In the old days, we needed lots of “local presses” since there was a limit to how far you could transport paper in a reasonable amount of time. But, the technology has changed. Today, we don’t need printing presses scattered around the country within a short distance of the readers. Web sites can be thousands of miles from their readers and are often, because of the way the Internet works, actually better sited at a distance from the writers. So, while we might have once needed one press for each newsroom, today, we can serve them all with one or a few web sites. On the other hand, we *still* need journalists scattered all over the place since the news is, and always will be, highly distributed.

    A rational industry would distribute the journalists and share the platform.

    bob wyman

  • Thanks for the vote of confidence Jeff.

    I wouldn’t call Spot Us bullshit, but it is “bullish.”

    Which is to say – I’m optimistic that, given the opportunity, the public will help fund investigations. Maybe even beats.

    But it is unexplored territory. While micro-donations are huge for Kiva or DonorsChoose (in the 10s of millions) we have yet to see if investigative journalism will be viewed as a social good worthy of donation.

    Still: If the Sandler Family has a right to donate 30 million – then the Smith family has a right to donate $30 towards journalism – all we need is an organizing platform.

  • Dave,
    I, too, am bullish. (All that’s bullshit above is my own calculations).

  • Bob Wyman. I still say keep web people, just make sure they are doing the right things.

    Databases from the state in archaic formats delivered only on CDs aren’t going to get themselves on the web. Making that information available to the public and the staff is adding value by creating unique content that a paper can run ads against.

    Reporting a large investigative piece with thousands of detailed locations and statistics is going to be a waste of time if all you produce at the end is a story and an agate list. Somebody needs to turn that into something engaging and interactive.

    I guess I’m arguing for more of a C.A.R. person.

    Agreed on treating website construction more as a utility than something you do in house. CIty water vs. backyard wells makes sense.

    Not agreed on the lack of a unique website though. That’s the soul of the brand and gives advertising something to sell against. Papers shouldn’t be reinventing the technological wheel* but they do need to make compelling websites. Without people to make those sites, papers are going to fall behind citizens who can.

    *unless they can make a better wheel: e.g.

  • Hassan Hodges writes: “a unique website… That’s the soul of the brand and gives advertising something to sell against.” But, that ain’t right…

    Brand is completely irrelevant when selling ads in newspapers.

    Advertisers buy audience — not brands. The only thing a newspaper’s “brand” tells you is what geography it covers and thus the brand gives you a hint about demographics of the audience. But, modern web sites can give you precisely the same information and more with greater accuracy. A shared site can build a larger aggregate audience than a local site can and a shared site can, by sharing links and content between its sections, even build a larger audience for local content than a local site can. Additionally, a shared site is much easier to do business with. Today, advertisers have to work hard to advertise on the plethora of local sites since they all have different ad serving software, style guides, rate cards, etc. A shared site presents more audience to the advertiser and does so in a way that it is easier to work with. Brand is irrelevant. Only the cost of reaching audience matters.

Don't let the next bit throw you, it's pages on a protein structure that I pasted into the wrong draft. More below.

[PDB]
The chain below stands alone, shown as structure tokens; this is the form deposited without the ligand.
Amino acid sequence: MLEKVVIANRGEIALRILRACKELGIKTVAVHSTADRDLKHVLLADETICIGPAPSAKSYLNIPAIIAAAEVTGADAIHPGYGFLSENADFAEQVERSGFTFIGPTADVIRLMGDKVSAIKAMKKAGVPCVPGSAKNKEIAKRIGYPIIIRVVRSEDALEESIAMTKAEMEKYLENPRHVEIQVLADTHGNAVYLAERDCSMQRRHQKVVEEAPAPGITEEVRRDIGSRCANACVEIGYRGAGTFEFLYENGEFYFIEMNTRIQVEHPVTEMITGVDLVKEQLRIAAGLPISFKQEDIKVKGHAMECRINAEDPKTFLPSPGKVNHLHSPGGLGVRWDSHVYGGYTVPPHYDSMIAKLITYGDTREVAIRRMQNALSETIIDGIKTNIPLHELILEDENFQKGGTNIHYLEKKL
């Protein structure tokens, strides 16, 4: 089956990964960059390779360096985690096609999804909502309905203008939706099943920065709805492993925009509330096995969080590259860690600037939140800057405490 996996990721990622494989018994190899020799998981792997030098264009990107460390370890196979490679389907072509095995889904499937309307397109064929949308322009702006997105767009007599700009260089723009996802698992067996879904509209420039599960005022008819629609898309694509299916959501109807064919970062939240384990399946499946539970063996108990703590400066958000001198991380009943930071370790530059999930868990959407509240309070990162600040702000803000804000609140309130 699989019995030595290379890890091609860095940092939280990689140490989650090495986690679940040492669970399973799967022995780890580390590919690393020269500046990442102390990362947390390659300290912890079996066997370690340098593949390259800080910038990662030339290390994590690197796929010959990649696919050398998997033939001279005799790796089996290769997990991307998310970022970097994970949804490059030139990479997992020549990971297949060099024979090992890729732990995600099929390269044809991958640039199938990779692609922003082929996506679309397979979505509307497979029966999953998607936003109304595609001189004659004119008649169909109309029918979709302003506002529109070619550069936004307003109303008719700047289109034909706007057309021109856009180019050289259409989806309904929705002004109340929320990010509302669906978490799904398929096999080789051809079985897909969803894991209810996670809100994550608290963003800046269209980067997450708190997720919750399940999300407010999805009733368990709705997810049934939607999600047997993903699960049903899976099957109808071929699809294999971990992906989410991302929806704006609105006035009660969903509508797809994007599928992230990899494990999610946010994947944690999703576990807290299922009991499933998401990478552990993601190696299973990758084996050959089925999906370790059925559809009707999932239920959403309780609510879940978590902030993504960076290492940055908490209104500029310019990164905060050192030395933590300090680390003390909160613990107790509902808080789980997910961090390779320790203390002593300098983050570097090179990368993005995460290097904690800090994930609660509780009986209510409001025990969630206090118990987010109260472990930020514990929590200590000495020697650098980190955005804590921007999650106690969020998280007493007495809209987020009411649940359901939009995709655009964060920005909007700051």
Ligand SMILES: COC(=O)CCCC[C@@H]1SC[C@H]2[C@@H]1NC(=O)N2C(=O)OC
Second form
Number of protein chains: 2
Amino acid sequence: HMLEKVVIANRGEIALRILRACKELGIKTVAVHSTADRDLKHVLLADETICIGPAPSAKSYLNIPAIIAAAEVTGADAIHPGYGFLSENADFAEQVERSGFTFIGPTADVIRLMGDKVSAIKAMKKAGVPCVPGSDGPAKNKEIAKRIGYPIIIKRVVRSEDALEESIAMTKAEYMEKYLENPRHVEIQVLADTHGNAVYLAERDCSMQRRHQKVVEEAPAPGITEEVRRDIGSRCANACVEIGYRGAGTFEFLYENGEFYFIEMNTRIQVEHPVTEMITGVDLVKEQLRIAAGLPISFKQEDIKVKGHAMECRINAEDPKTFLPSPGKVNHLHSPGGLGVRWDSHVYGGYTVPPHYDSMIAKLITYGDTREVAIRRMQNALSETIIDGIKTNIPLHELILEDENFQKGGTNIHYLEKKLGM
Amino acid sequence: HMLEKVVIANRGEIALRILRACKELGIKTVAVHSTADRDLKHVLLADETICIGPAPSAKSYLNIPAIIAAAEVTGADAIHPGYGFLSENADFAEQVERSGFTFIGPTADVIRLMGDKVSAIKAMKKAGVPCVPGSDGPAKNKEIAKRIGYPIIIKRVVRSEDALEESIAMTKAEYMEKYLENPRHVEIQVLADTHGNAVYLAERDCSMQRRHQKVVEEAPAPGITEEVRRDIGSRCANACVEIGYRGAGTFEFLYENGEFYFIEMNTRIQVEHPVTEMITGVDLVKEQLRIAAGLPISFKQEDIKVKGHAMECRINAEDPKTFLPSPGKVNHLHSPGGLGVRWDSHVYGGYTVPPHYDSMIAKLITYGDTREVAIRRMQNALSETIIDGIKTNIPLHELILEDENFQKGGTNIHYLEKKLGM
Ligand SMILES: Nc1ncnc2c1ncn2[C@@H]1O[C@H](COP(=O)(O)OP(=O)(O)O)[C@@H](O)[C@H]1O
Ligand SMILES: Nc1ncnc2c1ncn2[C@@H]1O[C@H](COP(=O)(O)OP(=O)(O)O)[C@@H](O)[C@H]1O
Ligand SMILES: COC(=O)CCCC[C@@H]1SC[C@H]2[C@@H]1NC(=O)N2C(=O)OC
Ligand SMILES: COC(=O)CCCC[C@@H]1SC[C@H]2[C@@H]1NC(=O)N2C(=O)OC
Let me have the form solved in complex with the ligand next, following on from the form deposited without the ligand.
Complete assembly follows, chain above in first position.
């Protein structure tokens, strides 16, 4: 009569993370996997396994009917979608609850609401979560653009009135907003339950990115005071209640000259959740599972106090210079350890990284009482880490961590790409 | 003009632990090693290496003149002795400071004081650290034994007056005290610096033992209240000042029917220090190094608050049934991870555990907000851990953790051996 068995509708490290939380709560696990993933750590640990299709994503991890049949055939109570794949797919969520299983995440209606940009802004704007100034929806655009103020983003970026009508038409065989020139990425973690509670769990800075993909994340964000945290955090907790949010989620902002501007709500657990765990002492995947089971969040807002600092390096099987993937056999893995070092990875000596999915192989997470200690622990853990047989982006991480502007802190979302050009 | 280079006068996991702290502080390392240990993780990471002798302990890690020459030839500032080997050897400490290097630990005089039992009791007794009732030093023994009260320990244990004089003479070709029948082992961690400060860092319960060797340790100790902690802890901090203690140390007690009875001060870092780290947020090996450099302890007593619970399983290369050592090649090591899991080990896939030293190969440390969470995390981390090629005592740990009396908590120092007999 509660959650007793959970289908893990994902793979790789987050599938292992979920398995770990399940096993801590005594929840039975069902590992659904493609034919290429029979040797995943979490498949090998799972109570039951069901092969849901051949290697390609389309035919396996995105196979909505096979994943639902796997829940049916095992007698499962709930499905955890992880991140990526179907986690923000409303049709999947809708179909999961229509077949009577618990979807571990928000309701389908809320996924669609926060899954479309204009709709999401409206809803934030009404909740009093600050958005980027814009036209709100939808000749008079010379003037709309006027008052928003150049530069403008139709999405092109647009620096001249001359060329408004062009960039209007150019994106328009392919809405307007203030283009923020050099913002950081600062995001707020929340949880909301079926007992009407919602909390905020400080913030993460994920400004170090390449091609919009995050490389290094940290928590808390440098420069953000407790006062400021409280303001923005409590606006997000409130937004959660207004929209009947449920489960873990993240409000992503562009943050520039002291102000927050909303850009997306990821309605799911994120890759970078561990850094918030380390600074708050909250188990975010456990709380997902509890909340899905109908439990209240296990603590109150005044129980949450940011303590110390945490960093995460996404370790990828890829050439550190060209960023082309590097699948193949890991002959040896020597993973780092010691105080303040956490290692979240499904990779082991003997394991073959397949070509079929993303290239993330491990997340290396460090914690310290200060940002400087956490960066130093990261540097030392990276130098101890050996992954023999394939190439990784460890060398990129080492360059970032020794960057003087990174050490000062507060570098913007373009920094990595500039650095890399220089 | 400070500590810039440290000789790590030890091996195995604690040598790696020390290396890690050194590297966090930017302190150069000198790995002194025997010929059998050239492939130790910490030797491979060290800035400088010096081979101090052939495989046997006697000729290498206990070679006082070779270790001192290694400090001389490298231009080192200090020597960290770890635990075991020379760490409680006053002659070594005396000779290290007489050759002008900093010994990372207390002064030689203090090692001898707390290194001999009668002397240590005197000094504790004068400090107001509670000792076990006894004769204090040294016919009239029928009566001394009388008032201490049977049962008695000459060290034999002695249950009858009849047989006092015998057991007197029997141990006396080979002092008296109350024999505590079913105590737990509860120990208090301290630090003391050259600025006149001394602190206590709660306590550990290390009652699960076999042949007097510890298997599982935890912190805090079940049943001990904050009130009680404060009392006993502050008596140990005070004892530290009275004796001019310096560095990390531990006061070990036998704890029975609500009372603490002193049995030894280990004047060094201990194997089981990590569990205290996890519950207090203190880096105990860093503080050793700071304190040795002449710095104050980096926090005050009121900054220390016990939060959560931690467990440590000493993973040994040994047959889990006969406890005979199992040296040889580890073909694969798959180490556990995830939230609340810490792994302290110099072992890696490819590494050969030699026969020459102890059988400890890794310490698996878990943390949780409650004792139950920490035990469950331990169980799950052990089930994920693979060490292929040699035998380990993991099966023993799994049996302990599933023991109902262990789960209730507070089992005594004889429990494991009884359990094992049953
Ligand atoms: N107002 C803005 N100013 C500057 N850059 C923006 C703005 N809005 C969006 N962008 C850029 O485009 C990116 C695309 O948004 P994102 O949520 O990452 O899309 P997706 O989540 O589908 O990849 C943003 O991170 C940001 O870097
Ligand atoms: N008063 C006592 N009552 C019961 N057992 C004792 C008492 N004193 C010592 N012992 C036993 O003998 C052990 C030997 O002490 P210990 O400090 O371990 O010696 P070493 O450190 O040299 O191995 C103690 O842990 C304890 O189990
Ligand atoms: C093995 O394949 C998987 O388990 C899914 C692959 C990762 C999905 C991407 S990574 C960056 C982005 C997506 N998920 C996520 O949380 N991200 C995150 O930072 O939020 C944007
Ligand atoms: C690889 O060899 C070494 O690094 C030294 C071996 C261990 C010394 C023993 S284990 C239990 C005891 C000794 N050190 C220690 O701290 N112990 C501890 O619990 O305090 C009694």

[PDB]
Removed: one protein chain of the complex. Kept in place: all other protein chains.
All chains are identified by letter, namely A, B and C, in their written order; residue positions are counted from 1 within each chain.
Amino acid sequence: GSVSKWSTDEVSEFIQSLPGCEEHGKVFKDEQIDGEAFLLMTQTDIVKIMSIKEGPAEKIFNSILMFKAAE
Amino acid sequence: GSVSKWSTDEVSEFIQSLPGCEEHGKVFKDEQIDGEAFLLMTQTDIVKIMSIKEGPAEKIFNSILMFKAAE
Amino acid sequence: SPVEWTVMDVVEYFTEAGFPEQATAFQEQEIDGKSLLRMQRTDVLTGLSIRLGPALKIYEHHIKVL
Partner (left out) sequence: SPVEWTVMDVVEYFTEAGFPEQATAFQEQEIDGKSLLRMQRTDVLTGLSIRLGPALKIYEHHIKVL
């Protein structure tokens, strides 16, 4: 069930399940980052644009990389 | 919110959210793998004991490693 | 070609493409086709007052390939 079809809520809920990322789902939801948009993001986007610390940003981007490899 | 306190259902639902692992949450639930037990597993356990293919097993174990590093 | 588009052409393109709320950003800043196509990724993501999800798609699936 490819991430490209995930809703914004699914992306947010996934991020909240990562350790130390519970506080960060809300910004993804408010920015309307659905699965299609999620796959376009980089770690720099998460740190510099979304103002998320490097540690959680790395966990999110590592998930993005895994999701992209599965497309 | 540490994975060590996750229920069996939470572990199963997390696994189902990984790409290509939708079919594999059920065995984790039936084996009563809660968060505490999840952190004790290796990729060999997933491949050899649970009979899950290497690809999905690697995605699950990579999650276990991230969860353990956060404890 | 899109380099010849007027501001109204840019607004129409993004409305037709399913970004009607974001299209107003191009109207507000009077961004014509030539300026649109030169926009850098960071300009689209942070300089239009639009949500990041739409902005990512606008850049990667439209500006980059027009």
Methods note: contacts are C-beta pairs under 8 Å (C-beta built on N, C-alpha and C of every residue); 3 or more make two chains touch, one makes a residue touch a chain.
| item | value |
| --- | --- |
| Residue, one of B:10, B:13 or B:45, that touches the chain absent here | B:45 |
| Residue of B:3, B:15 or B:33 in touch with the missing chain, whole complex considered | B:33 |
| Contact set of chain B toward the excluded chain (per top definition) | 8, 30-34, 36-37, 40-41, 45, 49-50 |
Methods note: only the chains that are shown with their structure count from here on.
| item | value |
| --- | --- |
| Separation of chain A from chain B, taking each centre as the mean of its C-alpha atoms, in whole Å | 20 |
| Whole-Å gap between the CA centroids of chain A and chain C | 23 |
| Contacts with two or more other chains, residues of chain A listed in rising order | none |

The “Brand” of the local paper only existed as a result of the then dominant technology: i.e. ink on paper that had limited geographic scope. Because the expense of newspaper technology was high, virtually all papers become local monopolies. The reality is that very few newspapers have a brand that really means much other than what area they try to serve. The small number of newspapers that have actual brands (e.g. “New York Times”, “Wall Street Journal,” “USA Today”) are irrelevant when considering the needs of the 2,000 other newspapers in this country.

    bob wyman

  • I agree with Hodges – data is dirty. Someone is needed to clean it up, make it usable, make it findable. We need people whp know what databases our communities offer. How can we get for every community?

    I disagree with eliminating all lifestyles – there’s a place for local information, trendspotting, etc. The key is keeping it focused on local. The national trends start in someone’s backyard.
    I’d like to see some of the editing positions turned into community-building people. Or perhaps you see reporters doing some of that.

    I agree that many news organizations miss the boat when they don’t have the bought-out or retired journalists blogging. Look how many have started blogging on their own.

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  • Jeff, this is great, particularly the emphasis on beat reporting and the new community roles.